SEER Training Modules

Review: Non-malignant Brain Tumors

Here is what we have learned from Non-malignant Brain Tumors:

  • The major rationale for making benign and borderline CNS tumors reportable is:
    • Benign and borderline CNS tumors cause disruption of normal function similar to that caused by malignant CNS tumors.
    • Location of a CNS tumor may have as much effect as tumor behavior (benign or malignant) for morbidity and mortality.
  • CNS tumors, whether benign or malignant, produce clinical effects by similar mechanisms of mass effect, hemorrhage, seizure activity, and edema.
  • At the request of the Brain Tumor Working Group (BTWG) in January 2003, NAACCR established a Benign Brain Tumor subcommittee of their Registry Operations Committee. The subcommittee was to develop procedure guidelines needed in registry operations when non-malignant CNS tumors were included in data collection efforts.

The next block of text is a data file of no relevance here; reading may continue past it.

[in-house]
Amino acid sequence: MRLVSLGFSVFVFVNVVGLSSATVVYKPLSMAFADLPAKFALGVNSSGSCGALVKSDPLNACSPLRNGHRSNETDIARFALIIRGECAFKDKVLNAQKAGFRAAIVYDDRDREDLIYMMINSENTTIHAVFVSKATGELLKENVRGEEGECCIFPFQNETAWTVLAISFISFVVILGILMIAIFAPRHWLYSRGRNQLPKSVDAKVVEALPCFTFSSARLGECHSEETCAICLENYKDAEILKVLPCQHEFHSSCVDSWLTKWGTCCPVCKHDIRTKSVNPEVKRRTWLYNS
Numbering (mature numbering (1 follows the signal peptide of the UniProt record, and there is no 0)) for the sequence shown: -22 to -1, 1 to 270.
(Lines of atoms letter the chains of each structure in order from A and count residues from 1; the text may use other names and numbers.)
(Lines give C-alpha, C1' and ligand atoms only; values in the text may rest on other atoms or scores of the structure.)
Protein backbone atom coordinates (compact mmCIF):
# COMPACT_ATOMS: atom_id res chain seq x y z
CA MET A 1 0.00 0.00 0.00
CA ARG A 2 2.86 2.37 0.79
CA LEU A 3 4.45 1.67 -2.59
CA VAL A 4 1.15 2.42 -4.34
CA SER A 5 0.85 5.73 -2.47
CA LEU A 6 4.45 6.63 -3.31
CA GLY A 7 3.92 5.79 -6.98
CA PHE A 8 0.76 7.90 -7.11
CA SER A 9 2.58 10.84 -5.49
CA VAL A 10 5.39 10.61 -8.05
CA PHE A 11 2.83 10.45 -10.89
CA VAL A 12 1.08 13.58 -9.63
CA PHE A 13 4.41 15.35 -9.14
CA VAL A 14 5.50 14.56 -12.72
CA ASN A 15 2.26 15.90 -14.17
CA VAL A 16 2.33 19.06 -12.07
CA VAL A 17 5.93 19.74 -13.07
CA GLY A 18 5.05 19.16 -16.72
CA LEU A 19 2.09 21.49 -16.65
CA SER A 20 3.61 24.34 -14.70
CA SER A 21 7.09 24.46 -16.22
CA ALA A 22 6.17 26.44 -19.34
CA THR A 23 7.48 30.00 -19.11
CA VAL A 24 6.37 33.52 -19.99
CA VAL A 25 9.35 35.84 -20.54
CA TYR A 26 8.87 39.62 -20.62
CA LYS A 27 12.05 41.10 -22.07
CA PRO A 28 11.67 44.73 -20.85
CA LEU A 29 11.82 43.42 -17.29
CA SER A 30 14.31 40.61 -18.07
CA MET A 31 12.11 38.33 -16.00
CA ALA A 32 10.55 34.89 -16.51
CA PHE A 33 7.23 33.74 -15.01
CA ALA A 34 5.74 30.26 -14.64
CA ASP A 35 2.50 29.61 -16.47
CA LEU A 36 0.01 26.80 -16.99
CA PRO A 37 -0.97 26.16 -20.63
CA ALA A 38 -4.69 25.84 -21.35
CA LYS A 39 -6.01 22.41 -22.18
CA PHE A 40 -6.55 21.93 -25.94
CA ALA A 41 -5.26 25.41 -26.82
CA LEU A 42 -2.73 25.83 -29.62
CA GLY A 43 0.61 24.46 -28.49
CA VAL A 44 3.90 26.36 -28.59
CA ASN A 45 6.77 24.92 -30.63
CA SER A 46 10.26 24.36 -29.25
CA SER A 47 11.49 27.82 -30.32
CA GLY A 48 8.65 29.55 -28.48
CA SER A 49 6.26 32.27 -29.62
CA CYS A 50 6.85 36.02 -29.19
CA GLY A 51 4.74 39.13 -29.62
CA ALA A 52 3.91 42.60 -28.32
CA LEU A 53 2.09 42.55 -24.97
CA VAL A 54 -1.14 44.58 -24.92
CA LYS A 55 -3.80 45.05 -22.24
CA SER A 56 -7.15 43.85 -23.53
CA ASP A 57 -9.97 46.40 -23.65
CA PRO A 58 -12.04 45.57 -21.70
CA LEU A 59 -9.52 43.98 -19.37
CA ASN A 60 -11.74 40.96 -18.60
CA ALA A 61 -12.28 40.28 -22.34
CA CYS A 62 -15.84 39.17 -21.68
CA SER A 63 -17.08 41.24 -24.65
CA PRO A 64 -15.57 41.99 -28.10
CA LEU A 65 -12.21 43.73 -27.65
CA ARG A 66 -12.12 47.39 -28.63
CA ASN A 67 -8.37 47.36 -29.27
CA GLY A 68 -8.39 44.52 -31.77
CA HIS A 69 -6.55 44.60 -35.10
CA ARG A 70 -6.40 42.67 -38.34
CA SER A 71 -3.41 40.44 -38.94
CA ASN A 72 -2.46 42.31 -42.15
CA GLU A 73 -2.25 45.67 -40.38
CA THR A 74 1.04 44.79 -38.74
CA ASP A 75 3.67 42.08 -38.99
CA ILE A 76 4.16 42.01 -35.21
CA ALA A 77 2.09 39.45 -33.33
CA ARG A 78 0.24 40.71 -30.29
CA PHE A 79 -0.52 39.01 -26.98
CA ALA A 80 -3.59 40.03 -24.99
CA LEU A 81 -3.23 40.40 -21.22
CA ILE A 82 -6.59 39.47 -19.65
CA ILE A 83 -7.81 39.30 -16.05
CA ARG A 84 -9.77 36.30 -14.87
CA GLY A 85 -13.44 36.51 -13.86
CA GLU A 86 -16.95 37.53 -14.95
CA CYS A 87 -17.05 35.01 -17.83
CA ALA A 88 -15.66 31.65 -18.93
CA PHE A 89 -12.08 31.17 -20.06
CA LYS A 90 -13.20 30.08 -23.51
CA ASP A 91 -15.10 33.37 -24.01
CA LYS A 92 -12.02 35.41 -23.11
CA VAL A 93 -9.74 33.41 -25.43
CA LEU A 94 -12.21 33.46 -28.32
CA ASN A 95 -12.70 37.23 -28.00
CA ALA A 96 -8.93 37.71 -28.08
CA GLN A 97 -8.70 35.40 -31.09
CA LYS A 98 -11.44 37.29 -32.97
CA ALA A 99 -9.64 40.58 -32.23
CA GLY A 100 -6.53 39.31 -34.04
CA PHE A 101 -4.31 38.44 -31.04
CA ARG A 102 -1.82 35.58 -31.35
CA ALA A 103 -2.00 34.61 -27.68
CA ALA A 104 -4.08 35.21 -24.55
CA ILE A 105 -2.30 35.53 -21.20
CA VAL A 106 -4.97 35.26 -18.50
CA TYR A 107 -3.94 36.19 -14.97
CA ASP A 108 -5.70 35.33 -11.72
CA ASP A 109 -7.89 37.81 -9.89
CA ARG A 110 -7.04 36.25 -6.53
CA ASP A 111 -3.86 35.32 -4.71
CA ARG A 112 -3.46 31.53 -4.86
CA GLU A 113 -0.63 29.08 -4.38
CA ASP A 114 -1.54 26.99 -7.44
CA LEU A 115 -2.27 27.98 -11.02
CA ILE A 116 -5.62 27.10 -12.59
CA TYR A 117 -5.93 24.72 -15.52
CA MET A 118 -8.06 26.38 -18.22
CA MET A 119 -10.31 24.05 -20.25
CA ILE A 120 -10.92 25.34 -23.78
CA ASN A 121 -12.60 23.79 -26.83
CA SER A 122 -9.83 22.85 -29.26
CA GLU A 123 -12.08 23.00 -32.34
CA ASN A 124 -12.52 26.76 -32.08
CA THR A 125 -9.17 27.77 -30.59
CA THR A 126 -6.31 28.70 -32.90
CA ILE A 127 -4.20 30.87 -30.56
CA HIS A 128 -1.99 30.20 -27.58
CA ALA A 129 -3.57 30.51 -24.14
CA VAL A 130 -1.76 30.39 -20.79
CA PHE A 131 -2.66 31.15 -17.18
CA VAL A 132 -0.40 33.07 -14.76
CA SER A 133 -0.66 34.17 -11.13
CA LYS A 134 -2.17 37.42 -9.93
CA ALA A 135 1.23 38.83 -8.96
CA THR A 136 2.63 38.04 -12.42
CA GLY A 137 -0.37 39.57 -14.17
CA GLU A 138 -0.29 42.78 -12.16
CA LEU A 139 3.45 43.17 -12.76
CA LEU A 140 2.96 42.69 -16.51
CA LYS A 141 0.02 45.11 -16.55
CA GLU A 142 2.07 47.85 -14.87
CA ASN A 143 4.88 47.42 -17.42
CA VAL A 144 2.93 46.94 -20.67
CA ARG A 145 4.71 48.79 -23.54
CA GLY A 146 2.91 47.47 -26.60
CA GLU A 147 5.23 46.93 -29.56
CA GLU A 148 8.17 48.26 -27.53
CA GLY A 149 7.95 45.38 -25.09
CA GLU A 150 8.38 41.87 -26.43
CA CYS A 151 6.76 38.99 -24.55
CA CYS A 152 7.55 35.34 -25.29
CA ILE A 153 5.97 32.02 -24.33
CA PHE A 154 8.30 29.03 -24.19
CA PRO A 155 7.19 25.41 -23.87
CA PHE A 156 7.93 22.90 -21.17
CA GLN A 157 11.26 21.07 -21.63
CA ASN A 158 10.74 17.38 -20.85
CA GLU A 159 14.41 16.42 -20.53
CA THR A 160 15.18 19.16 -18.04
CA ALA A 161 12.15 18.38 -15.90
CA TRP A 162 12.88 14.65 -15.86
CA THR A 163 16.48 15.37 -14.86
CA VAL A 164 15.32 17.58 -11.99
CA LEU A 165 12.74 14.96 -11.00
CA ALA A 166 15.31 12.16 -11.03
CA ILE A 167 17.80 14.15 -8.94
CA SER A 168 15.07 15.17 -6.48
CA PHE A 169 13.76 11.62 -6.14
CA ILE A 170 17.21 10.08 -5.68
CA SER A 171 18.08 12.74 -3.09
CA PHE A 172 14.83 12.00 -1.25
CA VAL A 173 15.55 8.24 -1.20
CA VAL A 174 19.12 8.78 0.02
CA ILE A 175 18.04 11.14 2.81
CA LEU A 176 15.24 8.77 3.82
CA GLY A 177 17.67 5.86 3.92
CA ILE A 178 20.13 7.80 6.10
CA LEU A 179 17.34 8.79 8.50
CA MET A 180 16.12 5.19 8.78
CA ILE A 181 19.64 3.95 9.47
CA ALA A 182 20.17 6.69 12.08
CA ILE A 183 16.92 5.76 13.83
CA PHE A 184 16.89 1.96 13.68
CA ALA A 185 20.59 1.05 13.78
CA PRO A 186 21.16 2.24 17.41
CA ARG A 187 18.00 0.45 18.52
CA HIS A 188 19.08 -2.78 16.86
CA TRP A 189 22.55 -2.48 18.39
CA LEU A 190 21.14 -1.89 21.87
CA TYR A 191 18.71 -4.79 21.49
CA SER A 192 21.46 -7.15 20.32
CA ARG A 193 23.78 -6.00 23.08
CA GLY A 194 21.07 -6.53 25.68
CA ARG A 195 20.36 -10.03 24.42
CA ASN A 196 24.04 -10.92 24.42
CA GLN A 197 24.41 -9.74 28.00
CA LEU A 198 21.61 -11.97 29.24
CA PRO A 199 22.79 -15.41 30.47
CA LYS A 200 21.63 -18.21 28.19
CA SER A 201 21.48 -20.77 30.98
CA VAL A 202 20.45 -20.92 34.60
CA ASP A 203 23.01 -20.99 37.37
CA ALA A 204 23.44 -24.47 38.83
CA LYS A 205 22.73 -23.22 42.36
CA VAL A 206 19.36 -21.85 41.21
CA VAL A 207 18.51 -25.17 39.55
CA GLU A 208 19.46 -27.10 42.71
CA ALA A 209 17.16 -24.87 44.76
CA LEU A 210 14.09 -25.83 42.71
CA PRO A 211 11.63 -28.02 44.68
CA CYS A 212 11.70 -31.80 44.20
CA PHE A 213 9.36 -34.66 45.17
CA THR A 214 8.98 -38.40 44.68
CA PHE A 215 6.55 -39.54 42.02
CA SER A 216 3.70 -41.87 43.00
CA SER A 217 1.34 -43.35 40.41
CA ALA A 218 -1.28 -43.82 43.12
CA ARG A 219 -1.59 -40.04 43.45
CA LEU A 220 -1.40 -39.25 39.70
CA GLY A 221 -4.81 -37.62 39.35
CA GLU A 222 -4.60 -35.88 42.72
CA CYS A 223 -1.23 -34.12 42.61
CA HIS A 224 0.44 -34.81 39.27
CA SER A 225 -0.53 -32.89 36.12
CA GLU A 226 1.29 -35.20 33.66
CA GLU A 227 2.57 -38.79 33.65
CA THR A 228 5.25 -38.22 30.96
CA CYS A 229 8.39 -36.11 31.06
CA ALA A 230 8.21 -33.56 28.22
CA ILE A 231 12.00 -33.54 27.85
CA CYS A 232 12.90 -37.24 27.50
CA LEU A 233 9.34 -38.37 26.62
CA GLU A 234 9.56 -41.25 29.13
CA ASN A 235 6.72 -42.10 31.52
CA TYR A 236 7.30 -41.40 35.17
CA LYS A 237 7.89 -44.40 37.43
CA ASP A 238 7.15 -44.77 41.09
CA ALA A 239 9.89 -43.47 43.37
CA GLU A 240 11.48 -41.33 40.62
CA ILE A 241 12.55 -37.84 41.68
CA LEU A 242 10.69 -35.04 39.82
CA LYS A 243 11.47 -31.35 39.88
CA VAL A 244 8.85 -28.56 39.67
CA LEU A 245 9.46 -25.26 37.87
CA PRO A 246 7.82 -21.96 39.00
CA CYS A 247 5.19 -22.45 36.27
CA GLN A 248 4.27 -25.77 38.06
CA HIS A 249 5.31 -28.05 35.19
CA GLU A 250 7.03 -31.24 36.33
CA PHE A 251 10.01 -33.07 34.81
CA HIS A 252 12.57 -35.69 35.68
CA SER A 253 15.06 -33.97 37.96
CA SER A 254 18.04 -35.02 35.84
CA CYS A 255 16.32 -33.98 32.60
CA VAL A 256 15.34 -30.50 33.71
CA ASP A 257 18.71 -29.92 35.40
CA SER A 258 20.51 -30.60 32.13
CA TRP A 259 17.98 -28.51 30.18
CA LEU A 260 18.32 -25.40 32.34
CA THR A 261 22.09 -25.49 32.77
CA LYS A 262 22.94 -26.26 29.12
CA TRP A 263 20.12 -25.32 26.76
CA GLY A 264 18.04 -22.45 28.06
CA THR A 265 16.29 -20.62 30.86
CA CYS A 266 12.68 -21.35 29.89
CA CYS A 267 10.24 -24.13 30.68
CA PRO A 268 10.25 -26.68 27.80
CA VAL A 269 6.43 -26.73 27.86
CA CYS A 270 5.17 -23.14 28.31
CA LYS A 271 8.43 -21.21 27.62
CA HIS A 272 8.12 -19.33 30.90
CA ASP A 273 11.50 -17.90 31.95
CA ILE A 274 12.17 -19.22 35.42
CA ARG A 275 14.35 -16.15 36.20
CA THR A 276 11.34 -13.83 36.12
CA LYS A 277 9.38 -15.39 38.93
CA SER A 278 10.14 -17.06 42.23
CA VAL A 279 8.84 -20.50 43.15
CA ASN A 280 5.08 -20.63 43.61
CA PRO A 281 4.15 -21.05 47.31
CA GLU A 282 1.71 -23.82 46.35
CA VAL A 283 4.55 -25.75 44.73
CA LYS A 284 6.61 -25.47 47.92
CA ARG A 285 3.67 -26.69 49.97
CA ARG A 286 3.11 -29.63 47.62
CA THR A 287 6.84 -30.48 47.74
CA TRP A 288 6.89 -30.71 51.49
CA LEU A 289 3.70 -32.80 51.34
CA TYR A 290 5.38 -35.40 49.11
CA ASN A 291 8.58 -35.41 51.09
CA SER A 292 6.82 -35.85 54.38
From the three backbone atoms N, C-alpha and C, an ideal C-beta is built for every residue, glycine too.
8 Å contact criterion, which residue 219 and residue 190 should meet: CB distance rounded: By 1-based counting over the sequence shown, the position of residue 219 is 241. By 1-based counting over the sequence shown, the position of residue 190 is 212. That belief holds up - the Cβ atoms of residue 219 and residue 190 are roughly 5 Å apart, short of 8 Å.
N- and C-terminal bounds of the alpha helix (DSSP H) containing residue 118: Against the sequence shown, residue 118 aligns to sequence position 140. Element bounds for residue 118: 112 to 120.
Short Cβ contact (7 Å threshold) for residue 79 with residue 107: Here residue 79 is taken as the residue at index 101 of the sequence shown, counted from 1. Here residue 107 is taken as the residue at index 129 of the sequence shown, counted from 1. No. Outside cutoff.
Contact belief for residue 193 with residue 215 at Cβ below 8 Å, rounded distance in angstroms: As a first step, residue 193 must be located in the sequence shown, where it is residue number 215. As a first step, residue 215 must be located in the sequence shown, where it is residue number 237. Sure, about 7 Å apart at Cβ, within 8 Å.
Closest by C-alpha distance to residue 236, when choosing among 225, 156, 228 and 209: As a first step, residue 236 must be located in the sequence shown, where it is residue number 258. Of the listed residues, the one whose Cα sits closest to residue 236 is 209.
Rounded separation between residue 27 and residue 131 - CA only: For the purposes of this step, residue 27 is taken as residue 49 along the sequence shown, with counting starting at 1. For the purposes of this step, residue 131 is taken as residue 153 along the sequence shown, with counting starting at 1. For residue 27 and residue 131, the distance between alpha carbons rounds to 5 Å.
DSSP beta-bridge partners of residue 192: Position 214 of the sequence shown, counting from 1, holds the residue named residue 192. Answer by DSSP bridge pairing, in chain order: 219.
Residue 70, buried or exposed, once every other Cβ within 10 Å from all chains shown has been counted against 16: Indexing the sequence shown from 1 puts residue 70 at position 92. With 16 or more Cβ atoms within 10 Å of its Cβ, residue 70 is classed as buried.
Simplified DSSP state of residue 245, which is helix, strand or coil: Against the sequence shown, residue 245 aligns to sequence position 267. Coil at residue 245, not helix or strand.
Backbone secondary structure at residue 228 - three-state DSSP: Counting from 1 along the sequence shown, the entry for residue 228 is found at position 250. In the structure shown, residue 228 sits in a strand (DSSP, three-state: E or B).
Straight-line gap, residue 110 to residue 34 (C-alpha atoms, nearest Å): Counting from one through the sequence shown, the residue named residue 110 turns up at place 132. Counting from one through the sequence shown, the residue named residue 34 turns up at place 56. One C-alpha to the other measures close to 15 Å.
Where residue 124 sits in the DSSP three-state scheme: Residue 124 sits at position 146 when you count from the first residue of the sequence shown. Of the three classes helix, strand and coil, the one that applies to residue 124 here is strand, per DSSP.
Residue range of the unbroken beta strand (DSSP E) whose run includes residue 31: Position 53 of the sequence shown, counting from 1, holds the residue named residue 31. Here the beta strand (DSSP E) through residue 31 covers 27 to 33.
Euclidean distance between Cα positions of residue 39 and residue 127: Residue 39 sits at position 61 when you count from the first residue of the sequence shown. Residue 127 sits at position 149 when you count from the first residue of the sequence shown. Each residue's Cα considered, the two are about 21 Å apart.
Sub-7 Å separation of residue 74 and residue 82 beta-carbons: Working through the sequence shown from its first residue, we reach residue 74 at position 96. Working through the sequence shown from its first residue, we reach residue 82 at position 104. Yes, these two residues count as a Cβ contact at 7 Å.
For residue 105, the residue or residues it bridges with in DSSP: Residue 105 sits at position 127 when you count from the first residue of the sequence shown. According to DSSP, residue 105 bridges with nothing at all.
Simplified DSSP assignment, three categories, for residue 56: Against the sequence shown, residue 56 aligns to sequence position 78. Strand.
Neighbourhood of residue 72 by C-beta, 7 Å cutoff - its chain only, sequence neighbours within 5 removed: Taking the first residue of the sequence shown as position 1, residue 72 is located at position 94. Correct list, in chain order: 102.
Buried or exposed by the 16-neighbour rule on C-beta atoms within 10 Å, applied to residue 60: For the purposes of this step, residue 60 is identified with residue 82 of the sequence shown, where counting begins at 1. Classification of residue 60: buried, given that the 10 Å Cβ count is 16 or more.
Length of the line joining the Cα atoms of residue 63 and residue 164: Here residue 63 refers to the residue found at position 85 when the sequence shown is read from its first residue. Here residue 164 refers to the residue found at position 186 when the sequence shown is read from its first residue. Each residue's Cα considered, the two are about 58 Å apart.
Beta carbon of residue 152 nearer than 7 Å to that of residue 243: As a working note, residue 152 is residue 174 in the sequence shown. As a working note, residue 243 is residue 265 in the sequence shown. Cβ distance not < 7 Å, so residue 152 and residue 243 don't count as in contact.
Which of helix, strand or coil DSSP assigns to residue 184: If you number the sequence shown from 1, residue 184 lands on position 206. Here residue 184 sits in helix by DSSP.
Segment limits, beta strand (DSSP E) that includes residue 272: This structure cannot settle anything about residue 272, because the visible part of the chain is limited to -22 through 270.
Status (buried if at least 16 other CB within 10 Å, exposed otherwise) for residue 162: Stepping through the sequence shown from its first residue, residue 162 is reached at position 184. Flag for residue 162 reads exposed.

• In 2003, both SEER and COC agreed to make reporting of non-malignant brain tumors a requirement with a common implementation date for cases diagnosed January 1, 2004 and later.
  • The term "brain-related tumor" means a listed primary tumor (whether malignant or benign) occurring in any of the following sites:
    • The brain, meninges, spinal cord, cauda equina, a cranial nerve or nerves, or any other part of the central nervous system.
    • The pituitary gland, pineal gland, or craniopharyngeal duct.
  • Some important casefinding sources include:
    • Disease indices
    • Surgery logs
    • Diagnostic imaging
    • Radiation oncology
    • Neurology clinics
    • Medical oncology
    • Autopsy reports
    • Pathology reports
  • The central registries that do not currently collect non-malignant CNS tumors will have to make sure that their reporting law requires them to include these cases beginning with cases diagnosed January 1, 2004.